What is the Icelandic Króna - ISK
Icelandic króna - ISK is the currency of Iceland. The króna is divided into 100 aurar and is often presented with the symbol kr. This currency has the nickname "Icelandic crown" in the financial markets because the English translation of króna is "crown.” In addition, the word is related to the Latin word corona, meaning crown.
As of mid-2018, one Icelandic króna equaled a little less than one U.S. cent. The Icelandic króna lost significant value versus the U.S. dollar in 2008, at the height of the Icelandic financial crisis, the year all three privately owned commercial banks in Iceland defaulted. International trading of króna temporarily halted that year. The króna generally stabilized versus the dollar from 2009 to early 2015, then rose moderately in value from mid-2015 to mid-2018.
BREAKING DOWN Icelandic Króna - ISK
Icelandic króna - ISK debuted in 1922 in coin form, followed by notes in 1929. The first króna traded until 1981, after which the government floated a second króna, which remains in use today. Due to inflation, the general public and The Central Bank of Iceland used whole krónur, the plural of króna, since 2002.
The Central Bank of Iceland pegged the króna to the Danish krone in the early 1920s, then to the British pound from 1925 to 1939. It then pegged the króna to the U.S. dollar until 1949, after which the króna floated freely.
Krónur are issued in notes of 1,000, 5,000 and even 10,000.
The króna is traded on global exchanges, although in fairly low volumes due to limited issuance. Traders flocked to króna leading up to the banking crisis, betting on its relative demise. In 2016 and 2017, however, traders bet on the relative strength of the króna versus the euro, pound and dollar, driven by the nation’s economic growth, strong tourism industry, relatively high rates of interest and the lifting of capital regulations in 2017 that initiated during the financial crisis.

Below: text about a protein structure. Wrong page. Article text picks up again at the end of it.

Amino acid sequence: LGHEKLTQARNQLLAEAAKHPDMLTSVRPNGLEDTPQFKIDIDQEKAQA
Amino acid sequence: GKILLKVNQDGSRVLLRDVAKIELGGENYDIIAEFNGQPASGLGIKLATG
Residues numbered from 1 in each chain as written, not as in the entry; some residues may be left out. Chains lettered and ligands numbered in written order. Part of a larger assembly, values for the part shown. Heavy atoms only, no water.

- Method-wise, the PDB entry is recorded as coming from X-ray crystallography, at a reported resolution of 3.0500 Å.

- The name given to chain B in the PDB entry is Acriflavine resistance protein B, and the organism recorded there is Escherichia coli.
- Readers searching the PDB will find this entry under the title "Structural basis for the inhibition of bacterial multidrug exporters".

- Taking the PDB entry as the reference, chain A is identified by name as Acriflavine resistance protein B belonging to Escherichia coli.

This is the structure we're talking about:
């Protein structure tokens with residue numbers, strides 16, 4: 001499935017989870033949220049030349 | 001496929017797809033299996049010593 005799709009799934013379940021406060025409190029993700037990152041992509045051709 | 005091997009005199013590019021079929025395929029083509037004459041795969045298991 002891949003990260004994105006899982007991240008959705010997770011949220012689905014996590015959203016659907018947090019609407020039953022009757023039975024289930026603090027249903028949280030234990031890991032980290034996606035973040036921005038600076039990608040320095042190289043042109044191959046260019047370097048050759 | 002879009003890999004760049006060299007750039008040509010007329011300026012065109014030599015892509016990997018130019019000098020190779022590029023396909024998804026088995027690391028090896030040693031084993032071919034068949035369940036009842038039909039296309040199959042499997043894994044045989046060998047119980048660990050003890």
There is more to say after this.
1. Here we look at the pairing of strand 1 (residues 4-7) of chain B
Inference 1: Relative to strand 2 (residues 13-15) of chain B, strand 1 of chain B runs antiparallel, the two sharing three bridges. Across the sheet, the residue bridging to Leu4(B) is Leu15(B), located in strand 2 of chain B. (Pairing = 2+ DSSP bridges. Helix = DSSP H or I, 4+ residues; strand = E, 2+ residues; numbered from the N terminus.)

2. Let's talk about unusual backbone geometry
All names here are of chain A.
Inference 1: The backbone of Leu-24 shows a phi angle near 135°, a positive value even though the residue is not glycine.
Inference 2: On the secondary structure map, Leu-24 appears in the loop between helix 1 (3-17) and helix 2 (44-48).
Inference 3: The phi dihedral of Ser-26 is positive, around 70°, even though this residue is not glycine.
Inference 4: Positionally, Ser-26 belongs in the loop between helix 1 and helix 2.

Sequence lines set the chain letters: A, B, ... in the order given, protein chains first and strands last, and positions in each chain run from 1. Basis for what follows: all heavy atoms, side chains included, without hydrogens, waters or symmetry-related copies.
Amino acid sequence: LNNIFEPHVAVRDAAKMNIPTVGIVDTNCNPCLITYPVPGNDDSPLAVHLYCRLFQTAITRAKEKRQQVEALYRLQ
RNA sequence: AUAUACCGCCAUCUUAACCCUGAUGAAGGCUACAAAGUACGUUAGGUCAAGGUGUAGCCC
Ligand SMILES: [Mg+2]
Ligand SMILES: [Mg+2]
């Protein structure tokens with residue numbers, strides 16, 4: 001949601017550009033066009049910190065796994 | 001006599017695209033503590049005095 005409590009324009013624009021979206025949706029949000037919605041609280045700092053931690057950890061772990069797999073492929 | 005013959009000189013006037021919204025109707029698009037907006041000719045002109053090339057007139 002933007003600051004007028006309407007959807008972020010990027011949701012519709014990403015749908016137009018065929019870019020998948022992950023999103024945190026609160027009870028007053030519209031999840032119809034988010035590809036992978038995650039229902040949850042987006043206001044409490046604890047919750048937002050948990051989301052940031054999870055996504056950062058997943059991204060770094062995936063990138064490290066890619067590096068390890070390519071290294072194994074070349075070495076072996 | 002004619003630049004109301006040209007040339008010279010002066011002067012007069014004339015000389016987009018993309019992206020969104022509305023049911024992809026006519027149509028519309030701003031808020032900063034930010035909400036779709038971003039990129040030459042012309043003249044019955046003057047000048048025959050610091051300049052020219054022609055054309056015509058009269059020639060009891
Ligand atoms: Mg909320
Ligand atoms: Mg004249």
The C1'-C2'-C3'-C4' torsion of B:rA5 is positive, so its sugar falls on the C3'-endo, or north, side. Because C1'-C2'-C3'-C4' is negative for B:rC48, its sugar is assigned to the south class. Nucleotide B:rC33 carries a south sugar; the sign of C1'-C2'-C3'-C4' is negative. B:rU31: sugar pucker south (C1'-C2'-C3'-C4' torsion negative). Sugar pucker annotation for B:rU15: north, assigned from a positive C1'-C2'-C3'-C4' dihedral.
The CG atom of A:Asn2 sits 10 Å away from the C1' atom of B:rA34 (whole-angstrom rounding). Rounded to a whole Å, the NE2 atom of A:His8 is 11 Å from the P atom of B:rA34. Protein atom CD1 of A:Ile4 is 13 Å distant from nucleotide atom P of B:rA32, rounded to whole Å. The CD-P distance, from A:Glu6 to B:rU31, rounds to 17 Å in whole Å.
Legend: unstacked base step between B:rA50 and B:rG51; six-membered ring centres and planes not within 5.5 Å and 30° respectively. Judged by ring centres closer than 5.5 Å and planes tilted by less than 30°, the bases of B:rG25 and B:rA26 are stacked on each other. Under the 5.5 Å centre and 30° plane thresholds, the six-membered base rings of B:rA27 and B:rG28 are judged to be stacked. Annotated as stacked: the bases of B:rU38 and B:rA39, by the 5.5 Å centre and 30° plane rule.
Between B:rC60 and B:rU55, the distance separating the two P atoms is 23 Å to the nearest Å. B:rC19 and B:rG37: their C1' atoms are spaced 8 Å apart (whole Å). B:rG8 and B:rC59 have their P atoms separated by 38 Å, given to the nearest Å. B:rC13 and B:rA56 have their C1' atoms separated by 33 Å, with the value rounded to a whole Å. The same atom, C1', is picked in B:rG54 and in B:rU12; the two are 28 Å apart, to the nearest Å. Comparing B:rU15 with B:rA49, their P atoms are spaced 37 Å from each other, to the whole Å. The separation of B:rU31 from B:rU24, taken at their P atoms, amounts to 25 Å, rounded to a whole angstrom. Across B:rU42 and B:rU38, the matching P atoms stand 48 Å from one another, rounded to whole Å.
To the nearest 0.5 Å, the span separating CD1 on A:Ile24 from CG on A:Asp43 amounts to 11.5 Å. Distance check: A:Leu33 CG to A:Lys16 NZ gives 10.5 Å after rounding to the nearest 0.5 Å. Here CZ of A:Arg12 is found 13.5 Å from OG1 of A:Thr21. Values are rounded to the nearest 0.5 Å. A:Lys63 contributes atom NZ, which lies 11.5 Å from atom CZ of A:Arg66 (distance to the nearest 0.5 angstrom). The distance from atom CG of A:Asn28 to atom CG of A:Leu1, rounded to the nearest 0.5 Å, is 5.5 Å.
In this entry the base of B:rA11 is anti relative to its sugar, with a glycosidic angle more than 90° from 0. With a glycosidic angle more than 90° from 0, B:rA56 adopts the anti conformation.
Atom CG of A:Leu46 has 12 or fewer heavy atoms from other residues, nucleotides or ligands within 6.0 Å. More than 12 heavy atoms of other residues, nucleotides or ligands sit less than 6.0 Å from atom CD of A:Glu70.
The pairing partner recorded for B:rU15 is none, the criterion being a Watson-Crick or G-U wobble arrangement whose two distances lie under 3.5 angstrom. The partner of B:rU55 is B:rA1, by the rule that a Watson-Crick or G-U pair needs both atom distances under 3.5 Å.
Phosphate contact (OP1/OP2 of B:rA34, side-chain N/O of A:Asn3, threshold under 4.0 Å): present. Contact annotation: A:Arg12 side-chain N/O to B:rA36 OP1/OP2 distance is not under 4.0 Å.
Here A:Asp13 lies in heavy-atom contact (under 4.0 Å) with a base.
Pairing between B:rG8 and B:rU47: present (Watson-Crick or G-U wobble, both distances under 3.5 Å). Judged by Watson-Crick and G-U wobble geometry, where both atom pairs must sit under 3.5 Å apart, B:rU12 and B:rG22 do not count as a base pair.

Influences on Icelandic Króna - ISK
Iceland is a small country with a GDP of about $23 billion, although GDP per capita is among the highest in the world. The economy tends to vacillate, as does the króna, which has a history of several notable devaluations, the most recent in 2008, when the country accepted loans from the International Monetary Fund during the crisis.
Iceland’s economy depends more than most on tourism, which is the country’s main export and a major source of employment, as well as the global markets for fishing and aluminum. The country also exports electric power, due to its abundant geothermal resources.